For the sake of convenience, I append the ordering information
distilled from FreeBSD's /usr/src/RELNOTES.FreeBSD below.

Ordering information:

Walnut Creek CDROM
4041 Pike Lane, Suite D
Concord CA 94520
1-800-786-9907, +1-510-674-0783, +1-510-674-0821 (fax)

Or via the Internet from ord...@cdrom.com. A current catalog can
be obtained via ftp from ftp.cdrom.com:/cdrom/catalog.

They accept Visa, Mastercard, American Express, and ship COD
within the United States. California residents please
add 8.25% sales tax.

ro...@public.btr.com (Roman Yanovsky ro...@btr.com) sent in this
note. I have edited it down some, but left in the bulk of the
stuff in case you need more information:

Subject: Linux Slackware and FreeBSD CD-ROM with X-windows etc.

Trans-Ameritech presents "The best Linux plus FreeBSD CDROM ever"

[ Linux stuff deleted ]

* For hacker's reference an uncompressed FreeBSD source tree is

* On the BSD side there is a full source and binary distribution
of the "final" FreeBSD 1.0

* If you have questions or problems Trans-Ameritech provides free
support via e-mail within 24 hours.

* We ship the same day as we get the order.

The new CDROM is available for $30 plus shipping/handling. If you
are a current customer, it is only $20. New releases will be
available every 3 month. Subscription is available.

Trans-Ameritech Enterprises, Inc.
2342A Walsh Ave.
Santa Clara, CA 95051

Tel. 408/727-3883
FAX: 408/727-3882

This information is offered with no warranties, guarantees,
franchise offers, or recommendations.

1.5.3 *BSD system mailing lists.

With the elimination of the old 386bsd mailing lists, the only
mailing lists that are still available are the ones for FreeBSD
and NetBSD. Information about the NetBSD lists and how to use
majordomo (the list handler) is available by mailing to

There are four mailing lists for FreeBSD and they are:

FreeBSD-hackers: for hackers
FreeBSD-questions: misc questions
FreeBSD-bugs: bug reports
FreeBSD-current: discussion of -current (in development)

Send to FreeBSD-hac...@freefall.cdrom.com to be added
to the hackers list, and *-questions-request@freefall... to be
added to the questions list.

For information about the NetBSD mailing lists, see the NetBSD
Mailing List FAQ that is posted regularly by Chris Demetriou in

1.5.4 System Updates.

There are at least two different ways of getting the updates
for the current source tree for both FreeBSD and NetBSD. The
first is the traditional FTP method, and the other is using a
utility called 'sup'. This program keeps a log of the source
modules that have been updated and sends out only those files
that have been changed. Included below are some sample
instructions from John Brezak <bre...@apollo.hp.com> on how to
run sup for NetBSD. The sup procedures for FreeBSD are similar
and are available via ftp from freefall.cdrom.com in the
~/ftp/pub/sup directory. This directory contains the sup
program, a man page, a sample sup-file and full instructions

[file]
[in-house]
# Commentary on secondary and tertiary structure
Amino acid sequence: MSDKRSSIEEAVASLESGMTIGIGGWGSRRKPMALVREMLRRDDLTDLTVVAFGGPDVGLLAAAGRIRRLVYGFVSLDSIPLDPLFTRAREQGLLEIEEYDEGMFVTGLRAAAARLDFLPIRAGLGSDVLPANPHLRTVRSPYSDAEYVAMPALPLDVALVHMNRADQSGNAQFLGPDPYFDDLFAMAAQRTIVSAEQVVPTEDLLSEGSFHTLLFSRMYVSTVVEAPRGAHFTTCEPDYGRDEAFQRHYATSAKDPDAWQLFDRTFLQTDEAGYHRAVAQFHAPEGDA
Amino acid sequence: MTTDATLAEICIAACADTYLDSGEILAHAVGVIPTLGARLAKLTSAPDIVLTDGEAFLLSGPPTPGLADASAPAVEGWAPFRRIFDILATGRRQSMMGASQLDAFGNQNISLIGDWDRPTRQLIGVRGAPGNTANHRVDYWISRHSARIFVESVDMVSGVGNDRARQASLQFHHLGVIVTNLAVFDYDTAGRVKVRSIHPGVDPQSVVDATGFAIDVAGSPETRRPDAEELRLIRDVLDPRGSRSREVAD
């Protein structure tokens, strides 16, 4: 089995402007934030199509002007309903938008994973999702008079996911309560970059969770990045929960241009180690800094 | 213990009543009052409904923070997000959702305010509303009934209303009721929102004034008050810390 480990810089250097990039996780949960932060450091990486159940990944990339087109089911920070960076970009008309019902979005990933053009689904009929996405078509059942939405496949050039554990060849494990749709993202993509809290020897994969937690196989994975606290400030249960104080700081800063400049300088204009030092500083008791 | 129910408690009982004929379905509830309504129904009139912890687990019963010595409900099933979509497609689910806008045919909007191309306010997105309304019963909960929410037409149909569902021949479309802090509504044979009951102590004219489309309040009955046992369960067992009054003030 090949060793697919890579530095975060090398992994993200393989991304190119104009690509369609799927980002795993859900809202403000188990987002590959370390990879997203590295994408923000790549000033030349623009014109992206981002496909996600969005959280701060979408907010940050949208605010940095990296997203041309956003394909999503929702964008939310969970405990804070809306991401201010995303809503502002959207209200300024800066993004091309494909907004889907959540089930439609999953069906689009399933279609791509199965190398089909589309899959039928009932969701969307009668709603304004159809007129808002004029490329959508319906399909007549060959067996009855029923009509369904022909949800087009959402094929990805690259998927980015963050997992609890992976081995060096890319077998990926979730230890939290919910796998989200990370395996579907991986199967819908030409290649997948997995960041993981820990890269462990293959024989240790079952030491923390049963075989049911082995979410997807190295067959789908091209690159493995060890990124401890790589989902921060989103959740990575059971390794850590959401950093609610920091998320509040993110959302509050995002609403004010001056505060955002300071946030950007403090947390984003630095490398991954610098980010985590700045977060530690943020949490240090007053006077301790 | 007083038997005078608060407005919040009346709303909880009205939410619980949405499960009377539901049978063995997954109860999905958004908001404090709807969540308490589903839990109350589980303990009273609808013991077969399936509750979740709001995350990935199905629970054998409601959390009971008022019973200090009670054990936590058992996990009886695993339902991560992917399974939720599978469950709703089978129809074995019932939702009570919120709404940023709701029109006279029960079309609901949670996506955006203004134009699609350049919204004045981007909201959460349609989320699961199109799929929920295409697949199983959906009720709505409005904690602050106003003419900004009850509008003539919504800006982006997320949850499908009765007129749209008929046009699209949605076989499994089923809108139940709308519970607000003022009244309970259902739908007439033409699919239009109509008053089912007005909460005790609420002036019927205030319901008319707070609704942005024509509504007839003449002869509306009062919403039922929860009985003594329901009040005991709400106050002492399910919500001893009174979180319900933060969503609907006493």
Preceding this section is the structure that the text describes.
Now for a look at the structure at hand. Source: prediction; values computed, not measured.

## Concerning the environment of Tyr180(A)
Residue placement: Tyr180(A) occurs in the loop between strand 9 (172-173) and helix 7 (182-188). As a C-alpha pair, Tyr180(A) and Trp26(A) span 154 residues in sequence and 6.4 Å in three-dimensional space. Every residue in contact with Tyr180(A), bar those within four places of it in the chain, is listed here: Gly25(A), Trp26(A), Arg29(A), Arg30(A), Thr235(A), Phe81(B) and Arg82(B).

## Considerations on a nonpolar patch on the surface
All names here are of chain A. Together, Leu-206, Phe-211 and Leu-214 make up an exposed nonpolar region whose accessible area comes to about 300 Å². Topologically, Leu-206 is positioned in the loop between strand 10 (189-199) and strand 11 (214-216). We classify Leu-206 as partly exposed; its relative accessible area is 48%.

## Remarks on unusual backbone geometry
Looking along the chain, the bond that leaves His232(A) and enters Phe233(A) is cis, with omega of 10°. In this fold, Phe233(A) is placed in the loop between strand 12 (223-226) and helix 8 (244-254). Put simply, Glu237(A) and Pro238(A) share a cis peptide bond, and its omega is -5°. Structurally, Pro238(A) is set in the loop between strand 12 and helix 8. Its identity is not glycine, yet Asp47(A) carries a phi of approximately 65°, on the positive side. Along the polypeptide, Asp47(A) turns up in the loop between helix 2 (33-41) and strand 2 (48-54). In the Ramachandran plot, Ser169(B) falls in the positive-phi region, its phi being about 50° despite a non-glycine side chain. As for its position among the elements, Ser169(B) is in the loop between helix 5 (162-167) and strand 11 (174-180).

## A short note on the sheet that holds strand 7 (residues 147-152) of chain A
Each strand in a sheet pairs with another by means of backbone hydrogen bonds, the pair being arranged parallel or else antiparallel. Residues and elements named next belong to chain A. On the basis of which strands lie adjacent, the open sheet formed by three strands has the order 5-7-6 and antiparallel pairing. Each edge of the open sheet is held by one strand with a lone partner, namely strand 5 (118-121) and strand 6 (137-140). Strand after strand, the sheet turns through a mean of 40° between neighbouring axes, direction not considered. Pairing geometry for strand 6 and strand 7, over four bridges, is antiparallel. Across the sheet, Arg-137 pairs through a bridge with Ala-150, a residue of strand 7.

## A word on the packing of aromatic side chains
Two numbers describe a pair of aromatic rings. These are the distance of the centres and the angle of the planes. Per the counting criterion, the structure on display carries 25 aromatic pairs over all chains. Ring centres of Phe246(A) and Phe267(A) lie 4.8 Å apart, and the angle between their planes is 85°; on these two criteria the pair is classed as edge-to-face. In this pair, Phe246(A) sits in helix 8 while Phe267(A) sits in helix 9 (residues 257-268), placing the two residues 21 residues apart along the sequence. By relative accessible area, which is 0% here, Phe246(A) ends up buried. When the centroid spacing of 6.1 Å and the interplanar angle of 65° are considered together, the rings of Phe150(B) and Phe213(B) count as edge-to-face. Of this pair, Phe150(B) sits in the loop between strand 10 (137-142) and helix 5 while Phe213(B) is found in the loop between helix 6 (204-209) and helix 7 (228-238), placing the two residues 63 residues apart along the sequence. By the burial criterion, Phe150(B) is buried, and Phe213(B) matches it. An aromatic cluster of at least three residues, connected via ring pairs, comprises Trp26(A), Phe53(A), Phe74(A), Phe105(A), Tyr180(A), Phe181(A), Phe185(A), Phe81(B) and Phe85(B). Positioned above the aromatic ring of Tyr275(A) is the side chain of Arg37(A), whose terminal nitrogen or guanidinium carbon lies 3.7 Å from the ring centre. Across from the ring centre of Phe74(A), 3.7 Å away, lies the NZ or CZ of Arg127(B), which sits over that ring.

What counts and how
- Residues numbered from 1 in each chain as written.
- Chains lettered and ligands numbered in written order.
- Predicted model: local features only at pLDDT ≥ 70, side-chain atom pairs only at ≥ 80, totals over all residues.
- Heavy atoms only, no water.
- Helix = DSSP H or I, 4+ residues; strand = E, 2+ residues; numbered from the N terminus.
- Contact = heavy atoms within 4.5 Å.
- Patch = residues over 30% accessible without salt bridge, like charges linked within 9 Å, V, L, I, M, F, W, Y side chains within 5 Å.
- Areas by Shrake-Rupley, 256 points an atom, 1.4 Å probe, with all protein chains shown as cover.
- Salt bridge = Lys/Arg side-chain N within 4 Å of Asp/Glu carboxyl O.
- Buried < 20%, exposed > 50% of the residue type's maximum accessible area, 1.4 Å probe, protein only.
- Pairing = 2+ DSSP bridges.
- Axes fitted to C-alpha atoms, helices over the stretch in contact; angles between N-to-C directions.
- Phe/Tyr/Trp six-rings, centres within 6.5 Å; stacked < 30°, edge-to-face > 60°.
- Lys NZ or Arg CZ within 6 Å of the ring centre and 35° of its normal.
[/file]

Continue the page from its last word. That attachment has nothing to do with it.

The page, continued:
for maintaining your sources via 'sup.

1.6 Documentation available

There are two types of documentation for *BSD. First is the
set that covers the operation and theory used in BSD-Unix.

1.6.1 BSD manuals

The full set of BSD documentation is available via anonymous FTP
via ftp://ocf.berkeley.edu/pub/Library/Computer/doc4.3. To print
this documentation on *BSD systems, replace the ditroff
references in the Makefile with 'groff -e -t -msU {SRC} >out.ps'
to generate PostScript format files. Use different options to
make the output conform to other print styles.

The etc distribution also comes with a documentation directory
/usr/share/doc which has nearly 3Meg of documentation about *BSD.

In addition, on-line manuals are available in the binary
distribution set. It contains specific information on the use
of UNIX utilities and commands. Type "man man" for information
on the online manual.

1.6.2 BSD books

For learning how to work in the Unix environment, the standard text
is "The Unix Programming Environment," by Kernighan and Pike.

For Unix Administration, the best is "Unix System Administration
Handbook," by Nemeth, Snyder and Seebass.

For systems level programming (i.e., systems calls), I recommend
"Advanced Unix Programming," by Marc Rochkind. Unfortunately it is
out-dated and oriented towards System V.

A new book "Advanced Programming in the Unix Environment," by W.
Richard Stevens is very up-to-date, and an excellent reference,
especially for dealing with POSIX standards issues.

For network programming, "Unix Network Programming," by W. Richard
Stevens is highly regarded.

The 4.3BSD Unix Manuals contain loads of invaluable tutorials and
historical papers in addition to hard copies of on-line documentation.
The six volume set is available from Usenix for $60.00 (email:

The 4.4 BSD Unix Manuals are the authoritative source for
information about the 4.4 BSD release, and by inference the
NetBSD and FreeBSD systems. They are available from O'Reilly
and Associates (the Nutshell series people). In addition the
the six volume set, there is a CD included (at a price) of the